# Mountain range number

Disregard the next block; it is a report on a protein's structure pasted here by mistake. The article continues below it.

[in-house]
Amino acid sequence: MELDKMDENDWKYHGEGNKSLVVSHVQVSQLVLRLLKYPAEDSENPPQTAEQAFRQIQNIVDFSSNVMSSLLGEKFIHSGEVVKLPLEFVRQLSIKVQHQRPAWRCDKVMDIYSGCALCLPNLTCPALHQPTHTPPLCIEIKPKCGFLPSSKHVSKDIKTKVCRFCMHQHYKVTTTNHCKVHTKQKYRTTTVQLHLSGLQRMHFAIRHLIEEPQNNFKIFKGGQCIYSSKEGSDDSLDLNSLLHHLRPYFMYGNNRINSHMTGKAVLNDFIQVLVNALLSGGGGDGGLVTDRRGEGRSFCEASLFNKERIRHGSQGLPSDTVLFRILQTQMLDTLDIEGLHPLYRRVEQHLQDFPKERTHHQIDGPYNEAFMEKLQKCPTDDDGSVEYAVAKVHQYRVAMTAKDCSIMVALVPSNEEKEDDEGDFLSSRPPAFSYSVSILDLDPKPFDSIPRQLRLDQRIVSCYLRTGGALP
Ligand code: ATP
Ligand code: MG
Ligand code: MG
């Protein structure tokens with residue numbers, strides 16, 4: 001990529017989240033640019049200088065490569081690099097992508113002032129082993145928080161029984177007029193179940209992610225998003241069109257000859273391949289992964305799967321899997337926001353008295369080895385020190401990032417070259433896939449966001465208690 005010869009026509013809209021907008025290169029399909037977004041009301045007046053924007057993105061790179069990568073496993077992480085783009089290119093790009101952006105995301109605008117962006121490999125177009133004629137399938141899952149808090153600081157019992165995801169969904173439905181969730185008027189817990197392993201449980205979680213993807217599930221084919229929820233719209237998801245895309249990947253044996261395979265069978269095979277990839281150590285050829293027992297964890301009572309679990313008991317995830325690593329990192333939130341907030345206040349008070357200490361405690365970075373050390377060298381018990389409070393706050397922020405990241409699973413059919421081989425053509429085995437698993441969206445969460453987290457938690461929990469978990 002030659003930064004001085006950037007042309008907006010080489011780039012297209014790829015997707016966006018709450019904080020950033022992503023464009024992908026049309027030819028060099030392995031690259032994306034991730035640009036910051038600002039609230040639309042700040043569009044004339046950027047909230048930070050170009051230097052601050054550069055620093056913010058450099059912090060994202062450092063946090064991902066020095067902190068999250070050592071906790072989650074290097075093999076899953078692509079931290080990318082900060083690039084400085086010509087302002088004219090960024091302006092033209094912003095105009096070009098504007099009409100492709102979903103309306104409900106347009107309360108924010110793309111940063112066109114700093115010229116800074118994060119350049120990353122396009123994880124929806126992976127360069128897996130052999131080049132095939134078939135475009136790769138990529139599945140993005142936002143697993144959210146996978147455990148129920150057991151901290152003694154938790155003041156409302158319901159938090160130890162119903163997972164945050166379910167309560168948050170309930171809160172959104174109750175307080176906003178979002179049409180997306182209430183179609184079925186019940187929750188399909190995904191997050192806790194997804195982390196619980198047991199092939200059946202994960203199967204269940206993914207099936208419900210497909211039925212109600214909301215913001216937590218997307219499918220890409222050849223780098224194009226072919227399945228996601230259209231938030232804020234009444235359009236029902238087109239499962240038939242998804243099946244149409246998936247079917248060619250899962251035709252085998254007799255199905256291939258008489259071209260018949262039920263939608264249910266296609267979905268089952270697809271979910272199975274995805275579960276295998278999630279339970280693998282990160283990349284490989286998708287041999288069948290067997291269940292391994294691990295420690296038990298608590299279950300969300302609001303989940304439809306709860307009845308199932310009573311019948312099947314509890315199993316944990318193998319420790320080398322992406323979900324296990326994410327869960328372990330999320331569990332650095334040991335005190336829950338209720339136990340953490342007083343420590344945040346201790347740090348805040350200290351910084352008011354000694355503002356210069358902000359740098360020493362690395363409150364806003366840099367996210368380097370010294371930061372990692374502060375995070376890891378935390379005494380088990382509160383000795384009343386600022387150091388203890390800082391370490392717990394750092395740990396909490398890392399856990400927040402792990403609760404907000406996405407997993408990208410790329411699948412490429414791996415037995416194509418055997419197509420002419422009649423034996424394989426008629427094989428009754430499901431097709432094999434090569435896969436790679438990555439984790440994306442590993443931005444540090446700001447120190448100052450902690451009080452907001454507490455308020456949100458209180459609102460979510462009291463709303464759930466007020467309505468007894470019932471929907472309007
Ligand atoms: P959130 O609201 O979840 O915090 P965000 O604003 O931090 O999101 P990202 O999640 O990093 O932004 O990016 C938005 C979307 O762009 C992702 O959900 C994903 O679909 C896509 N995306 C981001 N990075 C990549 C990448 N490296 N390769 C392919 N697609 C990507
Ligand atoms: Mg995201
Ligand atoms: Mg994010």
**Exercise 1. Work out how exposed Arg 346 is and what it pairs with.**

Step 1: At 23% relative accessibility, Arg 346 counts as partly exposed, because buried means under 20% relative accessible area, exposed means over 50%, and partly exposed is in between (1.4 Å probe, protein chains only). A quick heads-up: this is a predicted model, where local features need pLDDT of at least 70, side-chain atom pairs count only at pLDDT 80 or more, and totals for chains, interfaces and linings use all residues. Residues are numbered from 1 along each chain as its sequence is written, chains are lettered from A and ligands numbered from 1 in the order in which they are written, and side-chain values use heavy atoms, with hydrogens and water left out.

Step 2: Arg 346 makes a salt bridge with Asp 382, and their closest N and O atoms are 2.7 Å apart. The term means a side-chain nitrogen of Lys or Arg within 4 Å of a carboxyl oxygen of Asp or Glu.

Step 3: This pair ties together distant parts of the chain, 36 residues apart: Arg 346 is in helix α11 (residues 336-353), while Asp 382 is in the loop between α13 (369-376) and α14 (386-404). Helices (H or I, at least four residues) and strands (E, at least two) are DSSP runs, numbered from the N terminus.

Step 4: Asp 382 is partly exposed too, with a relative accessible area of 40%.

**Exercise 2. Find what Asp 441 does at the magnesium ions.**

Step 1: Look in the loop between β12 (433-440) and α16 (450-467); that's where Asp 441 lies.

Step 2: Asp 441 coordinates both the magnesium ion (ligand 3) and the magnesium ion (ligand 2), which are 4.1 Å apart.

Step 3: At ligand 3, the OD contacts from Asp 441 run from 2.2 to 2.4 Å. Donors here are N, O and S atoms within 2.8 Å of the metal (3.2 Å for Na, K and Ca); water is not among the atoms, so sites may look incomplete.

A number is a mountain range number if the inequalities satisfied by their consecutive digits alternate. In a way, looking at the number's digits should exhibit a /\/\/\... or a \/\/\/... pattern.